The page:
These kinds of events are expected to become the new normal in the business even after the crisis, sources said. Clients such as Sivan Neumann, marketing manager for Check Point Software Technologies for the Middle East, have come to appreciate smaller and online events at lower cost.
“At digital events we stage today we reach large numbers of people. We can bring the most prominent speakers in the world to them more easily because we don’t need to fly them in from all over the world for a one-hour lecture,” Neumann said.
“Although the participants aren’t the captive audience of a three-day conference, the purpose of these events is to create business interactions that will eventually translate into a sale. We’ve seen that more such interactions have been created the way we do it now.”
To make digital events more attractive, since participants aren’t enjoying meals and outings, Check Point has added teasers. “Before a talk on cybersecurity, we held a workshop with an Israeli chef in Madrid and sent the participants the ingredients of what was being prepared so they could cook together,” Neumann said.
“Another time, we sent participants a locked package and asked them to try to open it before the event. These kinds of things are aimed at heightening interest and encouraging people who have registered to become active participants.”
Neumann said that in the post-COVID era, events would probably be a hybrid of physical and virtual. “A lot of people will continue to work from home even after the crisis, and a lot of companies will opt for virtual conferences for their employees instead of sending them to events overseas,” she said. “It’s a model that will definitely stay with us because it involves less time and work, and it costs a lot less.”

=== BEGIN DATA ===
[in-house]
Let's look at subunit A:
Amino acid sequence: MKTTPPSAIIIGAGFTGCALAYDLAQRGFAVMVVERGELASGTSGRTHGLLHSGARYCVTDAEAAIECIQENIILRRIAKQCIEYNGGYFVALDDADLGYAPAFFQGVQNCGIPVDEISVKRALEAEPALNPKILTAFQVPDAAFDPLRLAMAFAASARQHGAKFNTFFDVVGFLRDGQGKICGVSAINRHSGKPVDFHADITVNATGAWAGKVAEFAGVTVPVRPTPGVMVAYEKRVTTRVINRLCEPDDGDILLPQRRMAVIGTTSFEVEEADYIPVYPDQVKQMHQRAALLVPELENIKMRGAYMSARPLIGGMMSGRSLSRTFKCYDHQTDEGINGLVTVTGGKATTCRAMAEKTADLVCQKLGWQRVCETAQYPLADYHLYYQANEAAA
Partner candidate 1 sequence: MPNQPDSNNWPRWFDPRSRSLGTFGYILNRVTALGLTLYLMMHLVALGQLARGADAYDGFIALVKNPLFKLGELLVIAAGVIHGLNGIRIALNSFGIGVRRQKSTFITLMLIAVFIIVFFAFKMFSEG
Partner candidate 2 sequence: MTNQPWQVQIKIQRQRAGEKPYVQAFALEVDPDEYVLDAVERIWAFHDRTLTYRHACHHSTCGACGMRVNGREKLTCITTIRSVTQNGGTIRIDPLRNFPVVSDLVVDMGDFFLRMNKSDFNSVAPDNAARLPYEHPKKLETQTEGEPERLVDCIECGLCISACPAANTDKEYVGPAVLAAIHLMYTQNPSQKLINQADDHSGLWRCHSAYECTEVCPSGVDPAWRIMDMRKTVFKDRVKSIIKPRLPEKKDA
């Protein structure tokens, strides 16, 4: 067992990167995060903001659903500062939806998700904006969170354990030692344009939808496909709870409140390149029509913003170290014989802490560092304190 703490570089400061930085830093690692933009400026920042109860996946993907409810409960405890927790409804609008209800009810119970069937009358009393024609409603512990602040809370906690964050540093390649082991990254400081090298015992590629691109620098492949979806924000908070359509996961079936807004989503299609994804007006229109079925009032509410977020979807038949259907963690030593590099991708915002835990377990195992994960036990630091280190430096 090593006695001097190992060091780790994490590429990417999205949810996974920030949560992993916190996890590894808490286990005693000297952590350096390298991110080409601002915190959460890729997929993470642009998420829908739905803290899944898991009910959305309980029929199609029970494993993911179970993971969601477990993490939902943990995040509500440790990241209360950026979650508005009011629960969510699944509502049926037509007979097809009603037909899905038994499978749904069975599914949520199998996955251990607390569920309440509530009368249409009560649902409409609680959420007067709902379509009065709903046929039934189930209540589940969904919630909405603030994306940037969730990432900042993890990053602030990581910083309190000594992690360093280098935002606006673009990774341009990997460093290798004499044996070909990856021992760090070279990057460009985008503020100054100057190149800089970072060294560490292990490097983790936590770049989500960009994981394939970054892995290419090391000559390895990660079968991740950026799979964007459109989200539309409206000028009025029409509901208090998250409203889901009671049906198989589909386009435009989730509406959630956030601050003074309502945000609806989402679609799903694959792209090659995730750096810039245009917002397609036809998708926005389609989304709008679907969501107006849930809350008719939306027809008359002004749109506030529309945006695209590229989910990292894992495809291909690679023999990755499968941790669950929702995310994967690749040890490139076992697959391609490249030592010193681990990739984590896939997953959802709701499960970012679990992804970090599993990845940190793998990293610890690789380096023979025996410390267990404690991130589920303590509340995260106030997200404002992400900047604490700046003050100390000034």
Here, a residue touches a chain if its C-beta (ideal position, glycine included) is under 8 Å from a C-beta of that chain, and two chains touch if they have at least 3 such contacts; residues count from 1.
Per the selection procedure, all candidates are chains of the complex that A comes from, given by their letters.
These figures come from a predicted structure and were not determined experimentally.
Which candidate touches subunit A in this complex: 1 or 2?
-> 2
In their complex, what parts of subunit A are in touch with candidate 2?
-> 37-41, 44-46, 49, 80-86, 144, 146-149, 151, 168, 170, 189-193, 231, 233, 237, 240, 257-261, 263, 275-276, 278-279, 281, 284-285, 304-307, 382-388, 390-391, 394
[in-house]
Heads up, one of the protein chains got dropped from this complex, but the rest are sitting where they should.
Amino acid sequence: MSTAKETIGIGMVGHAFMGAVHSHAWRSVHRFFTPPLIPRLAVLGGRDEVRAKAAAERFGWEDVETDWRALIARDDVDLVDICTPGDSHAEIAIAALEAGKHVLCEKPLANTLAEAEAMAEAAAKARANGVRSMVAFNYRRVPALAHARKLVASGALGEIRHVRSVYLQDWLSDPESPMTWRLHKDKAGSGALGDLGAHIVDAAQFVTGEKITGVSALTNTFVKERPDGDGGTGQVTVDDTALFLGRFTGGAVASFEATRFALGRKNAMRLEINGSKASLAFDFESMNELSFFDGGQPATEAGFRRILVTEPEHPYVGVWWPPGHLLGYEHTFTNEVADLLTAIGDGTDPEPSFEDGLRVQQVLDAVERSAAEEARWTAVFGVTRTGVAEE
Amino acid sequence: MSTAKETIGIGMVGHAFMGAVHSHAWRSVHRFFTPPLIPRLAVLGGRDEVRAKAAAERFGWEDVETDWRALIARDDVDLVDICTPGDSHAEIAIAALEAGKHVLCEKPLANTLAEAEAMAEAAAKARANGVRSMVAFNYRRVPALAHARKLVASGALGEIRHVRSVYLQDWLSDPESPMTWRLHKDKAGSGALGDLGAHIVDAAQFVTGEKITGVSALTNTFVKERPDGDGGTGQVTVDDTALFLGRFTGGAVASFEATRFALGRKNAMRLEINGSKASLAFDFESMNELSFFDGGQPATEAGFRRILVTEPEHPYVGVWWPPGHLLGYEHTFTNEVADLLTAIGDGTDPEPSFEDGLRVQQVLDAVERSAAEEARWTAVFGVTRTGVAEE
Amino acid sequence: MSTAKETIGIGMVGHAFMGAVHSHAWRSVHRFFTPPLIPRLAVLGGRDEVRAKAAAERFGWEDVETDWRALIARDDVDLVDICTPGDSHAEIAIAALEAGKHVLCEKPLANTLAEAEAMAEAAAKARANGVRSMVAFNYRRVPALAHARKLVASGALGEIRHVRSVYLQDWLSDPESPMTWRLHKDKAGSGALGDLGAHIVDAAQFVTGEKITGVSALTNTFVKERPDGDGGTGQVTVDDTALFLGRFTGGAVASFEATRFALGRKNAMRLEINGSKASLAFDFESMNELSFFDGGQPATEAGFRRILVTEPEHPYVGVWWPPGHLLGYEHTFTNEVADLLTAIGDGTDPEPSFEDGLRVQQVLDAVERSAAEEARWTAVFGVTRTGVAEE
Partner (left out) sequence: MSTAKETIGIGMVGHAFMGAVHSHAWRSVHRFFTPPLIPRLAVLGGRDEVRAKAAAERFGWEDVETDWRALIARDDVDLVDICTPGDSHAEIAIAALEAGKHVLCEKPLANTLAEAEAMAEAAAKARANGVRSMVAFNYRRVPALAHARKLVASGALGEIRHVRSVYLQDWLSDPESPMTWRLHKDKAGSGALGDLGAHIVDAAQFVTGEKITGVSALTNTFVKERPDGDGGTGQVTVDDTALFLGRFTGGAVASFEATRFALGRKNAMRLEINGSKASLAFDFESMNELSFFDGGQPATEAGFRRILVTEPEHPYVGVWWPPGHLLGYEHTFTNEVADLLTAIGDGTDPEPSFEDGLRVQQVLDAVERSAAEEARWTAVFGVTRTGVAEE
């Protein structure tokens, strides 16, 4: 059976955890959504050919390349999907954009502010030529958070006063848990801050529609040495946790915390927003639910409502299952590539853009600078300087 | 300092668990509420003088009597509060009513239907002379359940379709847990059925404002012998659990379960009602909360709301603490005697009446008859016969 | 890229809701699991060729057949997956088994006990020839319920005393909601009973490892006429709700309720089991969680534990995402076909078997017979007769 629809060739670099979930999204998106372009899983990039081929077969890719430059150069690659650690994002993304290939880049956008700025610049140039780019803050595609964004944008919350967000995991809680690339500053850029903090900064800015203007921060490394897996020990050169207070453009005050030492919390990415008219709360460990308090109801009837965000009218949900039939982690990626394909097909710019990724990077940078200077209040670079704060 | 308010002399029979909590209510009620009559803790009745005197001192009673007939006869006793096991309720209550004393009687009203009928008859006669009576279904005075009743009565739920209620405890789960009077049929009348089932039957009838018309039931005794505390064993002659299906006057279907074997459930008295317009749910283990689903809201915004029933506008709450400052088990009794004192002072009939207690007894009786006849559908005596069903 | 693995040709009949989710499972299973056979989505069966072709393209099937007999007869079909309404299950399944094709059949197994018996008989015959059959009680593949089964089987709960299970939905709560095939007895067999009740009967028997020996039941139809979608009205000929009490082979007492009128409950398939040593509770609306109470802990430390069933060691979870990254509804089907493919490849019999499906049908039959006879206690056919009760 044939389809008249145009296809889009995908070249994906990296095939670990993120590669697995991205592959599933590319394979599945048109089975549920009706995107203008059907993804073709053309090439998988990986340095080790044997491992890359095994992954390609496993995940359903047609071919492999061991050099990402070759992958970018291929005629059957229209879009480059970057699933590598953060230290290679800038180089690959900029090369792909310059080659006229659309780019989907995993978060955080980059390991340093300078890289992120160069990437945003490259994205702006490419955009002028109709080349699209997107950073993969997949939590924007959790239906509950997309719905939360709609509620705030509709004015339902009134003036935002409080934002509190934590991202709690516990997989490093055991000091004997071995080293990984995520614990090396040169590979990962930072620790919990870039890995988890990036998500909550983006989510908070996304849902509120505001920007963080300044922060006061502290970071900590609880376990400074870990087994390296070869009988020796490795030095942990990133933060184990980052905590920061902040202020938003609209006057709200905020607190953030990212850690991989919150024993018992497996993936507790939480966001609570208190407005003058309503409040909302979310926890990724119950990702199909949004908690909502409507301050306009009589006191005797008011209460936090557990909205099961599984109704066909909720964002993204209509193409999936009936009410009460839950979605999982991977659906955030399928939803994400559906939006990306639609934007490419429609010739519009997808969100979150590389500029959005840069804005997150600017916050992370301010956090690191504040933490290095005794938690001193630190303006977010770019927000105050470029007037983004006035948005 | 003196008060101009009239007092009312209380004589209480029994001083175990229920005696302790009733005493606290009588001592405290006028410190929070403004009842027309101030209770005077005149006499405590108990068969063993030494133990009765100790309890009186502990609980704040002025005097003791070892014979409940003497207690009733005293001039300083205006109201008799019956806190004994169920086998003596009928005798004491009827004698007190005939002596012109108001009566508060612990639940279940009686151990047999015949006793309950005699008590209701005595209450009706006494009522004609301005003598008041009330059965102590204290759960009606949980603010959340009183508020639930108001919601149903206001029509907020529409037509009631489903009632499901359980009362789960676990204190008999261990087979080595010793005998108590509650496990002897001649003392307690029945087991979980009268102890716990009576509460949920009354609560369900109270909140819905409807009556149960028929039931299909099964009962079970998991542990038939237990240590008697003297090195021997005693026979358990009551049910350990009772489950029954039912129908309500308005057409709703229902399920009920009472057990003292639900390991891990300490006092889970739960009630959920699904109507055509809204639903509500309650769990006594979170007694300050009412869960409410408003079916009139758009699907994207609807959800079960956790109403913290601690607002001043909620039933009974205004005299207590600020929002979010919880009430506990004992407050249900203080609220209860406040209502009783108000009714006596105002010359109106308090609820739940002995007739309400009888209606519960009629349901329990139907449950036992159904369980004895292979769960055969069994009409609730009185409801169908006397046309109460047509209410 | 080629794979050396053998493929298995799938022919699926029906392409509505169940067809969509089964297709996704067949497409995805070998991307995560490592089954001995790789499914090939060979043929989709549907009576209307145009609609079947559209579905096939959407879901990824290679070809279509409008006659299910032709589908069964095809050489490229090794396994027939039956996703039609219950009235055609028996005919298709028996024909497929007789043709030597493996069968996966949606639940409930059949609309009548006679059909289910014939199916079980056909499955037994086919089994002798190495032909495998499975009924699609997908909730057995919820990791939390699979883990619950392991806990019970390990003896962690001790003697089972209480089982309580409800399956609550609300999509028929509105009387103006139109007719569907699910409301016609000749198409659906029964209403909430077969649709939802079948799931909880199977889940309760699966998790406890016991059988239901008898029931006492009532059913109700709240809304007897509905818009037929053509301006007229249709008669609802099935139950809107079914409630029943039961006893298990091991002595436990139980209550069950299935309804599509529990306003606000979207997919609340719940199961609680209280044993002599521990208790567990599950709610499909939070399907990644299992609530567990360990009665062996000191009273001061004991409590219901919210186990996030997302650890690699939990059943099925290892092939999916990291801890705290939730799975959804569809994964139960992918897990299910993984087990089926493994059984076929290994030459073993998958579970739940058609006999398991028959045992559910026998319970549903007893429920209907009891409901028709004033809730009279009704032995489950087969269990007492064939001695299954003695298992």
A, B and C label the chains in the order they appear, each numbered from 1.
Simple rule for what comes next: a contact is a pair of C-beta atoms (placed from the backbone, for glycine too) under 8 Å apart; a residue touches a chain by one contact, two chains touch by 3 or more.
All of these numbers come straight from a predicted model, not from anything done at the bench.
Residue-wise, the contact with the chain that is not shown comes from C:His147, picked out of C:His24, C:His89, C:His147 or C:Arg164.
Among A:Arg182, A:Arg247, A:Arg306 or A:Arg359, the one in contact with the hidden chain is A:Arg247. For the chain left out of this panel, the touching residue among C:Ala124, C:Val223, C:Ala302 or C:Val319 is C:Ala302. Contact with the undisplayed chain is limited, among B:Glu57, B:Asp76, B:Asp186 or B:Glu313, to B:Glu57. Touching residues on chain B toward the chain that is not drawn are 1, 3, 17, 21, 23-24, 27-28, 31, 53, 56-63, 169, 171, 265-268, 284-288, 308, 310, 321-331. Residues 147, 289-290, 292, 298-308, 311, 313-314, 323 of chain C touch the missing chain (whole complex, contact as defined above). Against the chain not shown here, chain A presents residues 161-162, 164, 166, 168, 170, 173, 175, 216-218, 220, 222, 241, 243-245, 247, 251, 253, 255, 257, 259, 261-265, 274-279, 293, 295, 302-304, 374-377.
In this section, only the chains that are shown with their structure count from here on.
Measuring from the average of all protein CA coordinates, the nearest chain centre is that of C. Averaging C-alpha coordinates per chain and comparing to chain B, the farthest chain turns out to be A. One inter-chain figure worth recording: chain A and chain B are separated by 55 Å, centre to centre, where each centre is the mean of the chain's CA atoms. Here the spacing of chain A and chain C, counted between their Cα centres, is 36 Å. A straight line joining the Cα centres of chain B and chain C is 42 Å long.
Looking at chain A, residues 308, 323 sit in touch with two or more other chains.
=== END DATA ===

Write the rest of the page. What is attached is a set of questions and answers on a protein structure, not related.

Gali Berger, head of communications and content at Super Pharm, said the coronavirus has accelerated the process already underway of more personal and intimate communication between company and customer.
“Still, the crisis has also caused people to long for human contact and the rubbing of shoulders we had at concerts and events,” she said. “Companies will want to resume events, but it’s not clear that all of them will be able to. A lot of companies will need time to recover from the crisis and they won’t be able to budget millions of shekels for events.”
Berger said that for get-togethers in the well-being segment, physical events will remain the preferred option, but for beauty events, where trends are being led by Instagram and other social-media mainstays, virtual events will probably become the norm.